Health and Medical News and Resources

General interest items edited by Janice Flahiff

[Press release] ‘Nudges’ try to help college students live healthier

‘Nudges’ try to help college students live healthier 

 

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Students run up the bleachers at Ben Hill Griffin Stadium on the University of Florida campus. A new national study aimed at preventing college students from gaining weight used Internet lessons and “nudges” to try to get them to live healthier lifestyles. Karla Shelnutt, a UF/IFAS assistant professor in family, youth and community sciences and a study investigator, considers the web messages successful if they helped students progress from thinking about eating more fruits and vegetables to actually doing so.Credit: UF/IFAS file photo.

From the 14 November 2014 University of Florida press release:

From the 12 November 2014 University of Florida press release

GAINESVILLE, Fla. – Internet lessons and “tailored” text alerts can help some young people adopt healthier lifestyles, according to a national study aimed at preventing weight gain.

Although experimental group students didn’t gain or lose more weight than their control group counterparts, researchers remain hopeful the Internet-message approach can work because it helped college students progress from what researchers call the “contemplative stage” to the “action stage.”

An example of the contemplative stage would be someone who’s thinking about trying to eat fatty foods less frequently, but hasn’t taken action to do so, while someone at the action stage would choose to eat a salad, instead.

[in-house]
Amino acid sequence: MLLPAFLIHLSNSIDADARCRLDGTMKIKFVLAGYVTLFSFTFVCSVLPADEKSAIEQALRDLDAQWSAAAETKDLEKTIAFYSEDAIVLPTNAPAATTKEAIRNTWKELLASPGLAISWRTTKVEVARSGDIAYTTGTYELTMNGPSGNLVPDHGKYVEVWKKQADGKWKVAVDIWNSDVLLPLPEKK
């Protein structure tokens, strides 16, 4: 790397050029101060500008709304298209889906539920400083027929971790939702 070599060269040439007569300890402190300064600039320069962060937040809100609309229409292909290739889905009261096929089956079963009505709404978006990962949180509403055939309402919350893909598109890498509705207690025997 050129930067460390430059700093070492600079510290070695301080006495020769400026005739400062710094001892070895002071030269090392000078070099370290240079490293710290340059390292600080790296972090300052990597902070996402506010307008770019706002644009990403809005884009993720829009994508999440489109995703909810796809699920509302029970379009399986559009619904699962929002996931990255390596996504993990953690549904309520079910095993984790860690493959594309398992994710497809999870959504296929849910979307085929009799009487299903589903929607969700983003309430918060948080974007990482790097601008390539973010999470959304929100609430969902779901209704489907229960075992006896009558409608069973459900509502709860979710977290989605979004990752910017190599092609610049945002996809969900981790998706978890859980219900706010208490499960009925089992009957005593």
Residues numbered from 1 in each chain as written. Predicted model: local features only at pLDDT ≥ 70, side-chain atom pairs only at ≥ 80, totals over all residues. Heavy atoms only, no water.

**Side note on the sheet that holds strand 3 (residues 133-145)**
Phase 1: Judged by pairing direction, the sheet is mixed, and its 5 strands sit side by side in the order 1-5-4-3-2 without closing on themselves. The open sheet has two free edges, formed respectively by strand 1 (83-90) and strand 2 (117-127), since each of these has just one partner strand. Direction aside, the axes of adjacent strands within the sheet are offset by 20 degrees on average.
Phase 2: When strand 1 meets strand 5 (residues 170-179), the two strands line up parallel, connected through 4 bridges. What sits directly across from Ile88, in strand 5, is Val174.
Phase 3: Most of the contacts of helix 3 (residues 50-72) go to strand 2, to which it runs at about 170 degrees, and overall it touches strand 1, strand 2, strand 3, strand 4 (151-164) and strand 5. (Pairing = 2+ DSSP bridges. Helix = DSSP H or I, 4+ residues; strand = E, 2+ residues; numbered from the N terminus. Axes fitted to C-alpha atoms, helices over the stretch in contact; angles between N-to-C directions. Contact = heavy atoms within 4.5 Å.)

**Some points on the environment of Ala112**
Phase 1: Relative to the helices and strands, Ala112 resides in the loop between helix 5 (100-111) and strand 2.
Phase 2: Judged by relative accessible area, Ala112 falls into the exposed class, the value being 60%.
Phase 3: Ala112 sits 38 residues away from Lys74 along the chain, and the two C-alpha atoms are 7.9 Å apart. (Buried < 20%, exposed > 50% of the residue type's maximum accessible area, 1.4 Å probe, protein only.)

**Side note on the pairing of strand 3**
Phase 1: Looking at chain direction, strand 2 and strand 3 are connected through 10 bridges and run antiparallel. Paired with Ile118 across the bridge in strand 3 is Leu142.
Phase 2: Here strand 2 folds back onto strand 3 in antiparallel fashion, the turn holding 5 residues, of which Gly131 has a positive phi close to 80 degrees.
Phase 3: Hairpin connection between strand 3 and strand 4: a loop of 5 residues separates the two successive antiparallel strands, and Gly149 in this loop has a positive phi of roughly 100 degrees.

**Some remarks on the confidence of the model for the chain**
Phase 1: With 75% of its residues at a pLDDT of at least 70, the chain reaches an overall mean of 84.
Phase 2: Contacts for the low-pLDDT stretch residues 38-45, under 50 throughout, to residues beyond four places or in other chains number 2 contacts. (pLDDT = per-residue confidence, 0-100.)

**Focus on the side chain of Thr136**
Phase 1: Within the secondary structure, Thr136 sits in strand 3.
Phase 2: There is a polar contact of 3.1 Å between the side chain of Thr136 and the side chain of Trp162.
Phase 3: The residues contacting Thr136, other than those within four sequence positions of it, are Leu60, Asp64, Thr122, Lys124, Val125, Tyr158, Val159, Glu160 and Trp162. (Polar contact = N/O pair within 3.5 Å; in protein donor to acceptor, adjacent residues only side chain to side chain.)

In the study, students aged 18-24 received individually targeted messages. Some students were in the “pre-contemplative” stage; others fell into the “action” stage, while others were in various stages between those two.

The study, published online last week in the Journal of Nutrition Education and Behavior, found more students who received the Web messages ate more fruits and vegetables and were more physically active than those in the control group.

Researchers weren’t as concerned about students losing weight as they were with giving them strategies to lead healthier lives to prevent weight gain, said Karla Shelnutt, a University of Florida assistant professor in family, youth and community sciences.

 

 

November 14, 2014 Posted by | Medical and Health Research News | , , , , , , | Leave a comment

How Making A Plan Can Help You Meet New Year’s Goals

From the 17 December 2011 Medical News Today article

When making New Year’s resolutions this year, committing to a specific plan for when and where you are going to accomplish each goal will make you more likely to succeed, says a Wake Forest University psychology professor.

In a recent study published in the Journal of Personality and Social Psychology, Assistant Professor E.J. Masicampo found that committing to a specific plan to accomplish a goal not only makes it more likely to be done, but also gets it off your mind so you can think about other things.

“Once a plan is made, we can stop thinking about that one goal,” says Masicampo, who studies goal setting and will power. “This frees our minds to focus on other tasks or simply enjoy the current moment.”

But, not just any plan will work, he says. “The ones that work specify exactly what you are going to do, including when and where you are going to do it.”

He describes four essential elements of a successful plan:

1. Specifies exactly what you’re going to do and in what situation (where and when)

2. Is under your control and not dependent on someone else’s actions

3. Includes specific opportunities to meet the goal in situations likely to occur

4. Focuses on a goal you are motivated to accomplish…

Read the entire news article

 

December 18, 2011 Posted by | Psychology | , | Leave a comment

   

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